Denmark played a huge role, powering all of its electricty demand by wind power.
Wind powered nearly a quarter of Europe’s electricity demand at the weekend – the highest proportion on record.
Experts say 24.6 percent of Europe’s electricity needs was served by wind power on Saturday.
Wind power met all of Denmark’s electricity demand, followed by Germany, 61 percent; Portugal, 44 percent; Ireland, 34 percent; Austria, 33 percent; Spain, 31 percent; UK, 29 percent; Netherlands, 25 percent; Sweden, 24 percent; and Poland, 22 percent.
There was also record amounts of wind-power generated in the evening in Germany (39.1 gigawatts), Poland (5.1 GW) and Norway (0.9 GW).
Wind Europe said the continued expansion of wind power in the European Union and strong northern winds had both helped serve up a record-breaking day.
Germany leads the way in the EU in terms of wind power capacity, with Spain, the UK and France also big hitters.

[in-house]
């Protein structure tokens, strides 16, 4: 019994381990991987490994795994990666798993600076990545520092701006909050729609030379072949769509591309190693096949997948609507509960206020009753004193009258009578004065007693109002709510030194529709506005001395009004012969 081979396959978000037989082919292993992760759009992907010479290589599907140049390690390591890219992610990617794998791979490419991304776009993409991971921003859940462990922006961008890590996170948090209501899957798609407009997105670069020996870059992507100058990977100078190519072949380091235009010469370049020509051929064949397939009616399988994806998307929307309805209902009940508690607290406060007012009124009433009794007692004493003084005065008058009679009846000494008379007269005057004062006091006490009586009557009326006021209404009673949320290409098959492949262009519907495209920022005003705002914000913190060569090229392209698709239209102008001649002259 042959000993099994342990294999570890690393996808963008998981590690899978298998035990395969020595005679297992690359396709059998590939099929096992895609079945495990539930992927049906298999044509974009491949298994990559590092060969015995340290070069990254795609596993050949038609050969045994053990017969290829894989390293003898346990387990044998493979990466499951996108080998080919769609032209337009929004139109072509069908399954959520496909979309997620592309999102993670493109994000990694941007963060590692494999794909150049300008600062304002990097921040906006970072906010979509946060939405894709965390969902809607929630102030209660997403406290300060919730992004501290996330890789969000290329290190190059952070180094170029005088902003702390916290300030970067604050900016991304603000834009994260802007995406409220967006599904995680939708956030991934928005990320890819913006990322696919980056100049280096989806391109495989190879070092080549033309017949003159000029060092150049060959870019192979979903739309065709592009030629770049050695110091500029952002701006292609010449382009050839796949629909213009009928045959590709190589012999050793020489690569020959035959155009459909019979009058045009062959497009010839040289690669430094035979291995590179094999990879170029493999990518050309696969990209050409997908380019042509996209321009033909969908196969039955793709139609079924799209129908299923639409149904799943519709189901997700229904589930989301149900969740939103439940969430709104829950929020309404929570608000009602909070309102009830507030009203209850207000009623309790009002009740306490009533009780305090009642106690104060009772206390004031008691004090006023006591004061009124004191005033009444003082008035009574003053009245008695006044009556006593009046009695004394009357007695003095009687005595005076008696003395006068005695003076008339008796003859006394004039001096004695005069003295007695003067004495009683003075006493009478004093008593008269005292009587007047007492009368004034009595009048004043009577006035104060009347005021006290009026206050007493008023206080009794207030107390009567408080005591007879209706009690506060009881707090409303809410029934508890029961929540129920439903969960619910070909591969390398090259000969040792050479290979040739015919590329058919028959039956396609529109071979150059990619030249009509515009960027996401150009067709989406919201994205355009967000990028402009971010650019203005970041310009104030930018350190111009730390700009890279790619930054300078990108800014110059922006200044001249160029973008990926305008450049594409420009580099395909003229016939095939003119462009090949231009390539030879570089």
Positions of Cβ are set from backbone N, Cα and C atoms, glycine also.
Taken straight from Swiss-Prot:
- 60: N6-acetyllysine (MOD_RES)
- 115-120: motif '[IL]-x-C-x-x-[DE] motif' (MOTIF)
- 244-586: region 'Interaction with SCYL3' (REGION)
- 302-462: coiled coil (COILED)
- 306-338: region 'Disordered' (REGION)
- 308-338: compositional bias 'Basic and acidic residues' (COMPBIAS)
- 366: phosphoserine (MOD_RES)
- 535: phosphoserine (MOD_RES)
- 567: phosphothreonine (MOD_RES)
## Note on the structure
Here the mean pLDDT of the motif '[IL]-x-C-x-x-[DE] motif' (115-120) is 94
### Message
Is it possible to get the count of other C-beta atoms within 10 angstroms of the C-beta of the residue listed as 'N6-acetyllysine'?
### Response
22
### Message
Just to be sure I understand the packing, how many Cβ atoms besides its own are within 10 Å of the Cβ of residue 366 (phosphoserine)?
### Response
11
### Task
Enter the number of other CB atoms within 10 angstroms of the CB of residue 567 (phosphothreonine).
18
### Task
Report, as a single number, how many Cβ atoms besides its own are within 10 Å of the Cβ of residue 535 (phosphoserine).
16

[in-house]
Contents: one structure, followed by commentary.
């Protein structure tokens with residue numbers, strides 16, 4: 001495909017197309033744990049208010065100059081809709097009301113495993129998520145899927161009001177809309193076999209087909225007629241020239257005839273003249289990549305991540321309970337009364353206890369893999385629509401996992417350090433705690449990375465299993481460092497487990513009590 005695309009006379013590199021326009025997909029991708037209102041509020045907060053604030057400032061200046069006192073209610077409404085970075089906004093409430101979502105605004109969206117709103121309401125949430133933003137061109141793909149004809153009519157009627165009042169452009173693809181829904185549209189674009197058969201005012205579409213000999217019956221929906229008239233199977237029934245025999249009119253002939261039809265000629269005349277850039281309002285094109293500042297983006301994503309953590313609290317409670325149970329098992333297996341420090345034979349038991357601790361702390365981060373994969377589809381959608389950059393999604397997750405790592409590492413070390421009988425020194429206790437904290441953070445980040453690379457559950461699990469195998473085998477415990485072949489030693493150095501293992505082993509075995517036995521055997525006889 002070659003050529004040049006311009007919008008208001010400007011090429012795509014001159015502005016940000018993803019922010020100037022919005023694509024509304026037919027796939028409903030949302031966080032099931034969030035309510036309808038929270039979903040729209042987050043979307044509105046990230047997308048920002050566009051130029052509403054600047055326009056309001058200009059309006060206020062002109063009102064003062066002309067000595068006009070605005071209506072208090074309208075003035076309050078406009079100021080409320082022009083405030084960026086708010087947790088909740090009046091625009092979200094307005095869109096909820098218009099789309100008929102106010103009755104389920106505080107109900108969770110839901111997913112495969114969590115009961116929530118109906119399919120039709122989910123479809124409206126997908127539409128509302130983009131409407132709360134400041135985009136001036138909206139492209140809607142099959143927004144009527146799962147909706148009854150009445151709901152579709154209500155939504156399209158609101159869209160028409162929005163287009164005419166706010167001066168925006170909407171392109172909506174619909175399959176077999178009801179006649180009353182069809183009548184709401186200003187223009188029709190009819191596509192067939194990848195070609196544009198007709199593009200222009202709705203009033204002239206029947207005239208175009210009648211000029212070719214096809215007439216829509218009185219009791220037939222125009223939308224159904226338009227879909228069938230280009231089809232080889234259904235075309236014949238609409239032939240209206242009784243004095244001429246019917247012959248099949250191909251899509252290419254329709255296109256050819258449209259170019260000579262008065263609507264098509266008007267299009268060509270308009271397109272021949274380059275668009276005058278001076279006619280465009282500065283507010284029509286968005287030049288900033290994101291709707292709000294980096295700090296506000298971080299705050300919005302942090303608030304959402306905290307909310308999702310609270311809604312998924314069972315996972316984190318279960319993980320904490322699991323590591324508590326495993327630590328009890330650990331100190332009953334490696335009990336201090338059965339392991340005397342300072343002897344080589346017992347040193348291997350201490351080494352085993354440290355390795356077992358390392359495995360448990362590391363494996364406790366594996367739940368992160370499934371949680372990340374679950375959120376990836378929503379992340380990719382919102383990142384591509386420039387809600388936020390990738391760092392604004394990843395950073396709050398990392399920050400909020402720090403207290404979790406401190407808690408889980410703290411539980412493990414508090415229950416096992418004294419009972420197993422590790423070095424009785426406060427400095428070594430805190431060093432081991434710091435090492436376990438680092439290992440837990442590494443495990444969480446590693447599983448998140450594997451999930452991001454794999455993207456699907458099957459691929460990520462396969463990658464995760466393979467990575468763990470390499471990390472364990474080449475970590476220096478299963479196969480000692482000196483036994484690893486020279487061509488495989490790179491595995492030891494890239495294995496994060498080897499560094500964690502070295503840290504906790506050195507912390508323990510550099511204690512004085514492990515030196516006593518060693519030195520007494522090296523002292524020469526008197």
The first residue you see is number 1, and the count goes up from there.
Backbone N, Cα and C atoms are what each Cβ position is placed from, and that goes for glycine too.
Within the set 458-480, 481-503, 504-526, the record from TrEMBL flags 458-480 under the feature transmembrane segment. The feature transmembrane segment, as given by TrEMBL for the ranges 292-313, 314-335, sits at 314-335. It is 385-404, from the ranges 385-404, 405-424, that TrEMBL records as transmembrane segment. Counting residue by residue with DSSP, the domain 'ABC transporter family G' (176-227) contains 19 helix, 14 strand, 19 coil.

“Wind currently represents on average around 10 percent of Europe’s electricity,” said a spokesman for Wind Europe. “This could be 30 percent by 2030 with the right policies in place.
“Wind is now firmly established as the cheapest form of new power generation. But the outlook from 2020 is uncertain.”
The EU has committed to producing 20 percent of its energy consumption from renewable sources by 2020. Latest figures, from the European Commission, show it managed 16.7 percent in 2015.
How EU wind power has gained momentum since 2000
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